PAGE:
Branding is the most overlooked aspect of podcasting. Sure, you spent thousands of dollars on the equipment, fixing the acoustics of your recording space and paying for hosting. But, what about the podcast art? Is it an awkward image of you sitting in your basement studio? Is it a poorly taken snapshot of your pet? Or, is it a great image that is representative of your show? Your podcast art can be the difference between someone checking out your show or moving on to the next podcast.
I have seen so many podcasts with awful cover art. They are not inviting, they don’t tell you what the show is about, and they are not eye-catching. These shows may be really insightful or funny but if they have terrible cover art, I’m not going to click on it. It may be a small thing, but it makes a big difference.
Now you may call me a design snob. I love great design, and I am not ashamed to admit it. Here’s the thing – great design registers to me consciously. But for most other people it does so subconsciously.
Great design can make a big difference in the way people respond to something. But most people don’t know why. They just know that they like it.
Think of the logos of top brands, with die-hard fans the world over. Nike, Apple, Starbucks. They are instantly recognizable and evoke a sense of quality and pride. What do they have in common? They are simple, bold and memorable. They evoke a feeling. And they look good at any size. Your podcast art should be no different.
In his book ‘Logo Design Love’, David Airey writes about how the best logos create an immediate emotional response. They get people excited about the company, product or service that they represent. This is the goal of your podcast artwork. To make your listener excited to listen to your show.
In this article, I will *ahem* cover how to get your podcast artwork looking professional, so that you can take your show to the next level.
But first, what is the purpose of your podcast? Is it to be a creative outlet for you? To share your passion with others? To educate? To inform? To entertain? Your podcast art should be representative of that purpose. The goal of your podcast artwork is to capture the essence of your show. Your artwork should evoke a feeling that makes the listener WANT to listen to your show. It should make them think, “Hey, this looks like something I would like to listen to.”
On any podcast app, there are hundreds of shows competing for attention at any given moment. If you are a trained or a self-taught graphic designer you could create something that stands out. But chances are you aren’t. So where to get podcast artwork that gets you that first click?
Luckily there are several sites where you can get quality artwork for a small fee. Like Fiverr or 99designs. 99designs even has a podcast category.
Spending fifty to a hundred dollars can get you great artwork here. Just see the freelancer’s portfolio and past reviews and if you like what you see, commission your podcast art. Be as clear as possible with what you want the cover art to look like. If you are unsure, just tell the freelancer what feelings you want to evoke.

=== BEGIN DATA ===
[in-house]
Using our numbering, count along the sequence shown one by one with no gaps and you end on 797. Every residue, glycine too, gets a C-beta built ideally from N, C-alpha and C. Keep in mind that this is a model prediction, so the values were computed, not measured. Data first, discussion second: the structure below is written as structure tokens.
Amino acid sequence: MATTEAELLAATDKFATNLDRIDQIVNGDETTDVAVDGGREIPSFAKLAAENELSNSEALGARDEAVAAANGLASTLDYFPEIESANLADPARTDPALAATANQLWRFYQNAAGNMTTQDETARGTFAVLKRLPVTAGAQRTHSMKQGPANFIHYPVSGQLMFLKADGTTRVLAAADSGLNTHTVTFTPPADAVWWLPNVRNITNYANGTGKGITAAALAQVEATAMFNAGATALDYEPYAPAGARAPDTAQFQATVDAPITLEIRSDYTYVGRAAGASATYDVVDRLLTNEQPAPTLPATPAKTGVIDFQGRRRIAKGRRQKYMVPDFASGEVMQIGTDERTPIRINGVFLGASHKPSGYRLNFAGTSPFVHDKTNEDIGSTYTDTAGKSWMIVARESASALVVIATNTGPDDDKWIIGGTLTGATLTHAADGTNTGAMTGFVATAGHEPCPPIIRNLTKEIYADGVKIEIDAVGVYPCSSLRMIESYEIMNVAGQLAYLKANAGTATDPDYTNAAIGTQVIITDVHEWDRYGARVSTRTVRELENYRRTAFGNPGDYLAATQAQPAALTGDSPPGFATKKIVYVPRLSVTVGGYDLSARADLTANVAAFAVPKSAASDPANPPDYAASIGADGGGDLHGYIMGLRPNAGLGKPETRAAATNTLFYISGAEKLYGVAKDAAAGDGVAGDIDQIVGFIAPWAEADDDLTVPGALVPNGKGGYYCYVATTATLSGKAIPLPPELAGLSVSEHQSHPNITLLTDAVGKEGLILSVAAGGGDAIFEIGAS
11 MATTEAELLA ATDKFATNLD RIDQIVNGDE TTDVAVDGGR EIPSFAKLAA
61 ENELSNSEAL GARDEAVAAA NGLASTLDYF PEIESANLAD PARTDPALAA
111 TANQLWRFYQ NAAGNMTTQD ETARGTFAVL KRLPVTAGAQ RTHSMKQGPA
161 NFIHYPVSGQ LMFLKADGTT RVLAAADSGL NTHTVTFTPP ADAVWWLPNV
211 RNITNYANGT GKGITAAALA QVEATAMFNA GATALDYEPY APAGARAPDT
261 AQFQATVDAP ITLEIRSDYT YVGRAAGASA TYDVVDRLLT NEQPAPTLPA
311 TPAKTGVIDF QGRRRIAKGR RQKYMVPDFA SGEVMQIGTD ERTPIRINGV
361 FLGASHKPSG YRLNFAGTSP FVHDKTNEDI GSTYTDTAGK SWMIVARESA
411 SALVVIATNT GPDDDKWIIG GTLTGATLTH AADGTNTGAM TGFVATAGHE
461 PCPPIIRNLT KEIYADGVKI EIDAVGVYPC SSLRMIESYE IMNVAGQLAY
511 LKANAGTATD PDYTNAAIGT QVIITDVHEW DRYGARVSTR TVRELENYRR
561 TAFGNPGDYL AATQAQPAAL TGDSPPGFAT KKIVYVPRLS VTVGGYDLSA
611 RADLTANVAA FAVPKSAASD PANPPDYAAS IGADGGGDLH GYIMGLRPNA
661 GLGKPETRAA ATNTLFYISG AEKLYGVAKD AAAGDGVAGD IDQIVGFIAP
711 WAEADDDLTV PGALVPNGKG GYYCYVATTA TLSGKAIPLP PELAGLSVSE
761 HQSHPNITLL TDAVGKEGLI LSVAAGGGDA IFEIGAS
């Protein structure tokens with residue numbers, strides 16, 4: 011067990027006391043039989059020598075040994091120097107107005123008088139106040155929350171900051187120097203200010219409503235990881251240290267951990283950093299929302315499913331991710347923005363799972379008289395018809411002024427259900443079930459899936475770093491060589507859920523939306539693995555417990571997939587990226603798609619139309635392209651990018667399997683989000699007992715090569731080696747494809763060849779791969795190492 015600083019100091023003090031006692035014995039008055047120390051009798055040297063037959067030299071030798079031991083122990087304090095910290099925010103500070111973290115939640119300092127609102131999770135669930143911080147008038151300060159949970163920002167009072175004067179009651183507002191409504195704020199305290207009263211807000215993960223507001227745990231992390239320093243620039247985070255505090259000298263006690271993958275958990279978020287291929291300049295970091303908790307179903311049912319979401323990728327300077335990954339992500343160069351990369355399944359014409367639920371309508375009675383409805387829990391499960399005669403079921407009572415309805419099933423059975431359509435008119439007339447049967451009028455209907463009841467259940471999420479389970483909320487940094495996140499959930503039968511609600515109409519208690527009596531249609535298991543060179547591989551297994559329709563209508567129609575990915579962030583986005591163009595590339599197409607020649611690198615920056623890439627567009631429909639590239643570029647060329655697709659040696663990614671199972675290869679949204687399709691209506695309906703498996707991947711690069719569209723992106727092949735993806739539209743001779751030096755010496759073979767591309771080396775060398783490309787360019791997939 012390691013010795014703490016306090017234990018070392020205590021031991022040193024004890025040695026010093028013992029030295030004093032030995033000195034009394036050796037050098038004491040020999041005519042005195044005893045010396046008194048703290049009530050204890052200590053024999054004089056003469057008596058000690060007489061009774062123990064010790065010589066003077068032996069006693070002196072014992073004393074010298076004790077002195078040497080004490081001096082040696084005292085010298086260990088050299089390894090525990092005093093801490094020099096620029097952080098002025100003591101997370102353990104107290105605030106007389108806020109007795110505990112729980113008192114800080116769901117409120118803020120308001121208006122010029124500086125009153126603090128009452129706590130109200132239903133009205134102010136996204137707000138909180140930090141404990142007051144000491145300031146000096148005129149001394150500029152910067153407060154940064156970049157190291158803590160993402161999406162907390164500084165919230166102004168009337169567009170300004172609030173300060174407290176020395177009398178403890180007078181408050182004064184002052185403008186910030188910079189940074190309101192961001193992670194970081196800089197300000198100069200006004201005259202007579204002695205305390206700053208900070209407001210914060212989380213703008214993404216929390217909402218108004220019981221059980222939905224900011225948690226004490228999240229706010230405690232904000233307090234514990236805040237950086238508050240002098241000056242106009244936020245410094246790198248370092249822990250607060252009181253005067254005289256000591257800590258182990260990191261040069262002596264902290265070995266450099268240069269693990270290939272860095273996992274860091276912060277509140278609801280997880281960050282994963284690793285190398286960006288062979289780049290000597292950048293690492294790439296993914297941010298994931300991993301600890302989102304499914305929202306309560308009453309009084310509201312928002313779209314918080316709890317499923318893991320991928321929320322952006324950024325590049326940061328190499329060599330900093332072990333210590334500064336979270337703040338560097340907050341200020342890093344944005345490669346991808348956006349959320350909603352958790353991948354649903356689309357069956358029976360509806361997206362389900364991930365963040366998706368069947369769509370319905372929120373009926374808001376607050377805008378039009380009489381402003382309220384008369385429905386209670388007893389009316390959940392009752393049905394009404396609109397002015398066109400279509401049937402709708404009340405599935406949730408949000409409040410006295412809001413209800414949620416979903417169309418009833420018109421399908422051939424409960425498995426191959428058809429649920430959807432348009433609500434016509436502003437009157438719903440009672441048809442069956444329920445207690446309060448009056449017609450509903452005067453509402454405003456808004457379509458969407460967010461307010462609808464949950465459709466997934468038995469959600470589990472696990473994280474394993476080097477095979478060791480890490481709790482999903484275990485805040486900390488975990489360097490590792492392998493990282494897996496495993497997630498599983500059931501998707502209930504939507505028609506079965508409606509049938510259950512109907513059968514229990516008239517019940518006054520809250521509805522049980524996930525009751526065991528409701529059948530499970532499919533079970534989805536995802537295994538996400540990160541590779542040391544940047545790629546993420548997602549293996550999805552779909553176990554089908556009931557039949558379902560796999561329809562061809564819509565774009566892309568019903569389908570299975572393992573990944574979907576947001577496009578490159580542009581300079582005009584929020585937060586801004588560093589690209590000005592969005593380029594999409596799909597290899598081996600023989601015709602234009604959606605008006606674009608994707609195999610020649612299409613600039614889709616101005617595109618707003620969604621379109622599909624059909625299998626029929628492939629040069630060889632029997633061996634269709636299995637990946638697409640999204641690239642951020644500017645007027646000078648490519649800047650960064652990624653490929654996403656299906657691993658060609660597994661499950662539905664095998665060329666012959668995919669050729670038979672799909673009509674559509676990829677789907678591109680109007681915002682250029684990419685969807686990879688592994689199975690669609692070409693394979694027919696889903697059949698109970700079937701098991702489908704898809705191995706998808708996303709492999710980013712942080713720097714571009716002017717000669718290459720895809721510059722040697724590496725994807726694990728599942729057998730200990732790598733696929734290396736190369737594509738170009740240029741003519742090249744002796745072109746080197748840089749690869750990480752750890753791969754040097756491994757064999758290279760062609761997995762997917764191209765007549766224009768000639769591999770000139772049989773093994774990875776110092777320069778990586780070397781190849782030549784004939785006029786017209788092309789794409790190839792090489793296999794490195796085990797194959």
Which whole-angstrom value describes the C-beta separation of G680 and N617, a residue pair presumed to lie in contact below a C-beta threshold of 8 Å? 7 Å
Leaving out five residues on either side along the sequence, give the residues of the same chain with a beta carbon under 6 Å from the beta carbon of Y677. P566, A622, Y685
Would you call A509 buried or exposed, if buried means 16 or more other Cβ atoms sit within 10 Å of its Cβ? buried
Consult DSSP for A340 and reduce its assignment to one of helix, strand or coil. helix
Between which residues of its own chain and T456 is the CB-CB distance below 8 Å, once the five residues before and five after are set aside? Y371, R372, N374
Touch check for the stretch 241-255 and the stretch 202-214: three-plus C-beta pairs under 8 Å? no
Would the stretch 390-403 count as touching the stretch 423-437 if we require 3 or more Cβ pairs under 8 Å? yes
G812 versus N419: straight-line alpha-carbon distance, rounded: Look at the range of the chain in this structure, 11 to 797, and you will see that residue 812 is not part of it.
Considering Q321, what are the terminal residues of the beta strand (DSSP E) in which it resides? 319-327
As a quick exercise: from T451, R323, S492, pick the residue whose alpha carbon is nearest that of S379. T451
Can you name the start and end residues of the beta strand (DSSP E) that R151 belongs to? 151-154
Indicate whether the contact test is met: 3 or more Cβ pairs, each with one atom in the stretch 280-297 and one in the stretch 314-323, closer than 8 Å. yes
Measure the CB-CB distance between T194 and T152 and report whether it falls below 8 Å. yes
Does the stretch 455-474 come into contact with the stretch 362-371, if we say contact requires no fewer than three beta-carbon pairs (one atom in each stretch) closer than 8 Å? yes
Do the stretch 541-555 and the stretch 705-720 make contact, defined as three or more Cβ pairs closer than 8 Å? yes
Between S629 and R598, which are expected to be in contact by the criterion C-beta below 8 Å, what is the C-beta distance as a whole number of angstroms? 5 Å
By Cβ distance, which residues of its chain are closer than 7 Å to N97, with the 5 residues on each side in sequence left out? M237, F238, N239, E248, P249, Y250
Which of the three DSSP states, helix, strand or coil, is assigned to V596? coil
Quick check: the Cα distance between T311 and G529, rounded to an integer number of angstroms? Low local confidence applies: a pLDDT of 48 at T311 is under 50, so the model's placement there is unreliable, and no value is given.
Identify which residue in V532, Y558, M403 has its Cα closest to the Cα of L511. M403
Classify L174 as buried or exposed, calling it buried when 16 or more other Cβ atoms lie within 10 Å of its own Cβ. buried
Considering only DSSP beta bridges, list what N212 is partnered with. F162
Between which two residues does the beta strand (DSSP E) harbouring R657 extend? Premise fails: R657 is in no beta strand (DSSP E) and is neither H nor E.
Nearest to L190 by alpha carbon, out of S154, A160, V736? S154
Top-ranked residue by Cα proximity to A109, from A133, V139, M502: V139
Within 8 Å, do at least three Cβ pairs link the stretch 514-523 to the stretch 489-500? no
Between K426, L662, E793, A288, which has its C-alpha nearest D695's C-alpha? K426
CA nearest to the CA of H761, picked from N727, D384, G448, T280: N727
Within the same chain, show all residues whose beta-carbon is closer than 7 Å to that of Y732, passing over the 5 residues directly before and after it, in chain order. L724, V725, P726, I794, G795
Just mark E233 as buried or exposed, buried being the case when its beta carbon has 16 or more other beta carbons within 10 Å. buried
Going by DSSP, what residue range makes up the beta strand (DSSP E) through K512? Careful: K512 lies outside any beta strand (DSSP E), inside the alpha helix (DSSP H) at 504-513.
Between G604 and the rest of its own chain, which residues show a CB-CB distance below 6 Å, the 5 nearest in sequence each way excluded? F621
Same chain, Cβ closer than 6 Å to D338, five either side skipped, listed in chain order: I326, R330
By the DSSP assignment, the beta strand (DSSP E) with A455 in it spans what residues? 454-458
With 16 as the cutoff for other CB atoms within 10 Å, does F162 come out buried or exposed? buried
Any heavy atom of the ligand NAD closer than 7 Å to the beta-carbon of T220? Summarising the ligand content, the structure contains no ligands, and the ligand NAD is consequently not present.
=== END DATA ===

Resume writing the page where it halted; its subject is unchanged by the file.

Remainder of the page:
I should add that there are various ways to go about this, too. You can start with a stock image – you can get royalty-free images on Unsplash or Pexels, or for more niche-y ones, on StockSnap. These can be a great canvas for the artwork. You can then ask the artist to manipulate the image on Photoshop to add or remove elements to your liking. Then, you can ask them to add text on top. That’s what I did for one of my shows – Absolutely Terrible. It’s about really bad movies. I added the explosion effect on top of a royalty-free stock image, added a colour filter and then the text. The cover art is deliberately campy because the movies we discuss on the show are campy.
Text-on-image is a very obvious route. Big companies might commission photographers to get the exact image they want or they may buy premium stock images from Shutterstock. But you’ll be fine with a royalty-free image.
Another method is to treat the cover art as a logo. Nice typography, and a clean illustration on a solid colour background. Nothing wrong with that. See the artwork for Philophize This!, for example.
One trend that I abhor in podcast artworks is avatars or cartoons of the hosts. For some reason, people think this is an effective way to show off the hosts when in reality, it does the exact opposite. This may work if you are a comedian, or you are trying to create a parody podcast. But even in that space this trend is so heavily played out that it becomes difficult to stand out.
If you are trying to create an informative show, or that you want to be taken seriously, don’t put a Bitmoji on the artwork. You want your podcast artwork to showcase your brand, and your brand is not a cartoon of you or your co-hosts.
The same thing applies for podcast cover art with the face of the host. Unless the portrait is shot really, really well this looks bad. Podcasts hosted by celebrities usually have their faces on the cover art. But those images are shot by professional photographers who are experts in lighting, composition, and portraiture. If you want to go with this route get a professional photographer to shoot your portrait. Do not plaster a picture you clicked on your phone, in bad lighting, onto your cover art.
So there you have it. If you don’t have a background in photography or graphic design, hire a professional. Plain and simple. Do NOT cheap out on something this critical. Do NOT try to wing it. Do NOT ask your nephew who “has design software on his computer”. Find someone who can do a good job. And pay them. You don’t want to ruin your podcast’s reputation.
And always remember, it should look great on sizes as small as half an inch in height and width – that’s how it would appear on podcast apps.